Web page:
Right on cue, this Shrike was one of several in the North-east last week.

After a weekend away (and predictably dipping CB's Icterine Warblers), we were back into the fray on Monday evening, in lovely conditions of light easterly and drizzle. Two hours around North Forvie at dusk produced a Greenish Warbler (making a nice 'double' after last week's Arctic), two Wrynecks together in one willow, a Wood Warbler, a Reed Warbler, two Pied Flycatchers and yet more common migrants. A champagne session on the patch!

One of two Wrynecks at the Coastguard's Pool, Forvie.

The following morning the Greenish was still present, and showed well if briefly - though its voice was a big giveaway while it remained hidden! Another Wryneck was also present alongside it, and could have been a different bird to the previous night's duo.

Upon returning home after the working day, things then continued with a brace of Reed Warblers performing in the garden throughout the evening.

Reed Warbler loving the scrub in the garden. There's a second one in there somewhere!

Even today, three days after the fall, birds continue to trickle through, with a Whinchat at Sand Loch Corner this morning and a Willow Warbler in the garden at supper time. Why can't the patch be like this all the time?!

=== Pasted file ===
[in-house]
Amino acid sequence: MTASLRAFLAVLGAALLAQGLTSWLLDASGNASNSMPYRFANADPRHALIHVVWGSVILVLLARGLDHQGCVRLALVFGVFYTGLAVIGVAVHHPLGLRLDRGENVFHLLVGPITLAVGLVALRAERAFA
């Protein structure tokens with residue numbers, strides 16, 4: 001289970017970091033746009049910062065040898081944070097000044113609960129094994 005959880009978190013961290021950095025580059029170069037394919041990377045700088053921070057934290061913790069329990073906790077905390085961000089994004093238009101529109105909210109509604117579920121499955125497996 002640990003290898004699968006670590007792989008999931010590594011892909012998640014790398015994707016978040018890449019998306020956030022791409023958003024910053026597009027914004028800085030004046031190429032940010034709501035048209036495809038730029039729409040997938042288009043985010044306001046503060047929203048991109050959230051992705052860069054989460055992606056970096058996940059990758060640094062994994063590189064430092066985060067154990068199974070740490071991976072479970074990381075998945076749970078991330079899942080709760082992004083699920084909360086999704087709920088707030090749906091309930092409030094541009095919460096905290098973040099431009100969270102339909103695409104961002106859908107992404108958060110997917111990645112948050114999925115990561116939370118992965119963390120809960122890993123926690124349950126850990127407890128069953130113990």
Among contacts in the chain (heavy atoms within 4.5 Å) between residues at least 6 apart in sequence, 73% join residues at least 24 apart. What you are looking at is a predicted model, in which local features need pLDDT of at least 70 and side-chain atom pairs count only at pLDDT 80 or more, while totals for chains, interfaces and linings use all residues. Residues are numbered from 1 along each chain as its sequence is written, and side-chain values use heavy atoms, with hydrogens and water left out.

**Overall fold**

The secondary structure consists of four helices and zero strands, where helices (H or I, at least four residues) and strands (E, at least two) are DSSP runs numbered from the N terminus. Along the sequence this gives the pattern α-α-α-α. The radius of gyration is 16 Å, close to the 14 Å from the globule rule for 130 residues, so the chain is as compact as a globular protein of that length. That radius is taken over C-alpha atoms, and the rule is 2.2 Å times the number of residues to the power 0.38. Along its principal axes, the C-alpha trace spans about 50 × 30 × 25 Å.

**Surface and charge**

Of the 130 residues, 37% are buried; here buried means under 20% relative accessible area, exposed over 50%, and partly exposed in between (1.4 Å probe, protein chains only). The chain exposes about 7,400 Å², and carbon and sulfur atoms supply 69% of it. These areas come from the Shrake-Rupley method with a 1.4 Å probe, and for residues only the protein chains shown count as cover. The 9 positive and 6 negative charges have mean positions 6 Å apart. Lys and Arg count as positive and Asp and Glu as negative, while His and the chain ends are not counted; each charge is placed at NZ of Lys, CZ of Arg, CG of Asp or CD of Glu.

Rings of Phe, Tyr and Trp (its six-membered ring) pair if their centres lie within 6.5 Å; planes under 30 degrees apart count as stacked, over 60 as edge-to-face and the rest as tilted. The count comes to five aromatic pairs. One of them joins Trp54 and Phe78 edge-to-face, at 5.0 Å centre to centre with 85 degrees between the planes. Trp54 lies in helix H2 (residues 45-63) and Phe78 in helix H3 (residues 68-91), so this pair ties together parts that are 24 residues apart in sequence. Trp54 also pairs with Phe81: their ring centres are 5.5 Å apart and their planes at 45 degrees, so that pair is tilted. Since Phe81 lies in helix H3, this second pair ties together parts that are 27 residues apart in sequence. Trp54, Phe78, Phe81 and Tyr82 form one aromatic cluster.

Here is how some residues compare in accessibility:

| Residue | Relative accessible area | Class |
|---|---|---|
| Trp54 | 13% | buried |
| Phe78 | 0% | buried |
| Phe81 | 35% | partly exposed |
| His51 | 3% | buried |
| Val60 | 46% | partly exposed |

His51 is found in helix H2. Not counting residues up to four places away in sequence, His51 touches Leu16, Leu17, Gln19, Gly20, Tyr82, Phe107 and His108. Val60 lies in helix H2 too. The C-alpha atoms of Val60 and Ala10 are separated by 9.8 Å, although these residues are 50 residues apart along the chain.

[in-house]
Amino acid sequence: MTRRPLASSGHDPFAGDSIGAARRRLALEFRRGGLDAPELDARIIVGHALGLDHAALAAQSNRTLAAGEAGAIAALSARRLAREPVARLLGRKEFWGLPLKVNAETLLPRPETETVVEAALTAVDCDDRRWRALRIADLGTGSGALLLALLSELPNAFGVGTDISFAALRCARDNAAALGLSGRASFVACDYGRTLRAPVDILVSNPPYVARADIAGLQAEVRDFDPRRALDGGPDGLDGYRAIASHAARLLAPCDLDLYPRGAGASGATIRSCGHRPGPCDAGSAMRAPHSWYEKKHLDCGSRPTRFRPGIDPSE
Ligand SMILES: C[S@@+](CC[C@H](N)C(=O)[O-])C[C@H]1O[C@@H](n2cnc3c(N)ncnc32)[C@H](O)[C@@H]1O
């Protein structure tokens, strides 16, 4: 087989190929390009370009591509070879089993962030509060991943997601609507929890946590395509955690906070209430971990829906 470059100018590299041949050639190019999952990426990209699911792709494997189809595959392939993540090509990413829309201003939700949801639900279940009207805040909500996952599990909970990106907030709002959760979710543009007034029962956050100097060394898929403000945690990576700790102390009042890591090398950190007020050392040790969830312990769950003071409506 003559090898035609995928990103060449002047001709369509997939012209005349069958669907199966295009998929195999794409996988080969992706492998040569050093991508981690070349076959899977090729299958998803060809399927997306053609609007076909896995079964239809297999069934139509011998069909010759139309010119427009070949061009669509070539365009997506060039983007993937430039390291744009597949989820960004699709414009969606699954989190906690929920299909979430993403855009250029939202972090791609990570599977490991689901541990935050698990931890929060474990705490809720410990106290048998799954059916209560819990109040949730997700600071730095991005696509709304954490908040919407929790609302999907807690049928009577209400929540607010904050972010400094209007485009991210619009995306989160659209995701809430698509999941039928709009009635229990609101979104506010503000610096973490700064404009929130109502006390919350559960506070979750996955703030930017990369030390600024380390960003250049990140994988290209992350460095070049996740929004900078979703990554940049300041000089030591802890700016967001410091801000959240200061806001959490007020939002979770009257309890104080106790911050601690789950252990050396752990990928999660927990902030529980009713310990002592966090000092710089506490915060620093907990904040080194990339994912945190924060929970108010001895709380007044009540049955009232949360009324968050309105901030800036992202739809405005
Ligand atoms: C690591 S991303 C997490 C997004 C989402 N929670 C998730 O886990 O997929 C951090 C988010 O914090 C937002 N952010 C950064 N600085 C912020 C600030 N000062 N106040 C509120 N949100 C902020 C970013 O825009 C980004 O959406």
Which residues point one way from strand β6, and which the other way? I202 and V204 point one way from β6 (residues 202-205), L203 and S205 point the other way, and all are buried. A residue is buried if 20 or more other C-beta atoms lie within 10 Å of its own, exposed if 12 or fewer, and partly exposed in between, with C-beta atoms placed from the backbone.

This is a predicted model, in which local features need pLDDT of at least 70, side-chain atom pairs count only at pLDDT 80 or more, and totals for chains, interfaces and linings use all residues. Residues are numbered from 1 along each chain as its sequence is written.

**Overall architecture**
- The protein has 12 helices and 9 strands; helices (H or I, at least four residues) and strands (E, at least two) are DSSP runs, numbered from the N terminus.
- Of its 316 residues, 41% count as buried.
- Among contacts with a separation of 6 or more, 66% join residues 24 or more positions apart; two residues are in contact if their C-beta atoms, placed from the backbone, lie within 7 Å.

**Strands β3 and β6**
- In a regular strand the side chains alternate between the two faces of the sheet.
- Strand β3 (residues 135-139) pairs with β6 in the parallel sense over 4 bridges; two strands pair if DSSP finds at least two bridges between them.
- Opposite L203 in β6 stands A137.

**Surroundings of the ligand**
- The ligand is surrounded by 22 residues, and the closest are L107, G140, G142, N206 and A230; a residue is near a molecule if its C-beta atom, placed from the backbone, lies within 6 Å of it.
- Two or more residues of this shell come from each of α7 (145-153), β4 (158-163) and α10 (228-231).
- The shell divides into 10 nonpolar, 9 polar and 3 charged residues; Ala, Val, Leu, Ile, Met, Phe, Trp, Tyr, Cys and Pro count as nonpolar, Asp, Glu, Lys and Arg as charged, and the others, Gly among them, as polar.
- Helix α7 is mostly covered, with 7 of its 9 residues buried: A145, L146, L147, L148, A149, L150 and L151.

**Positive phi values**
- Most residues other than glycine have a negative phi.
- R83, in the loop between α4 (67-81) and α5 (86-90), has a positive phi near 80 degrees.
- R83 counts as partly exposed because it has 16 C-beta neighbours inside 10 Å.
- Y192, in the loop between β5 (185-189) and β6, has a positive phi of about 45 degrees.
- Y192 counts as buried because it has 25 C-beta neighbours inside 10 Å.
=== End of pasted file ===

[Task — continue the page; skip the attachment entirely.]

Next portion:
One of many Whinchats to pass through in the last few days.

Sunday, 23 August 2015

Autumn starts here

The last 2 weeks has seen a big surge in wader numbers on the Ythan, with good numbers of a number of species, though Dunlin seem especially numerous this year. A lot of Ruff are now coming through as well, with a flock of 60 currently just off the estuary south of Meikle Loch. A highlight was the adult White-rumped Sandpiper (CNG) which was present around the Newburgh end for 2 or 3 days last weekend.
The heavy rain on Tuesday of last week, and the persistent easterly winds resulted in a good fall of migrants, with the Forvie sands getting the star bird in the form of an Arctic Warbler (PS) found on Wednesday late afternoon.
 Surprisingly this was the first accepted of this species in the region  since 1979 I think. Interesting to note that bird was on almost exactly the same date as this one, and nearby on the Foveran links.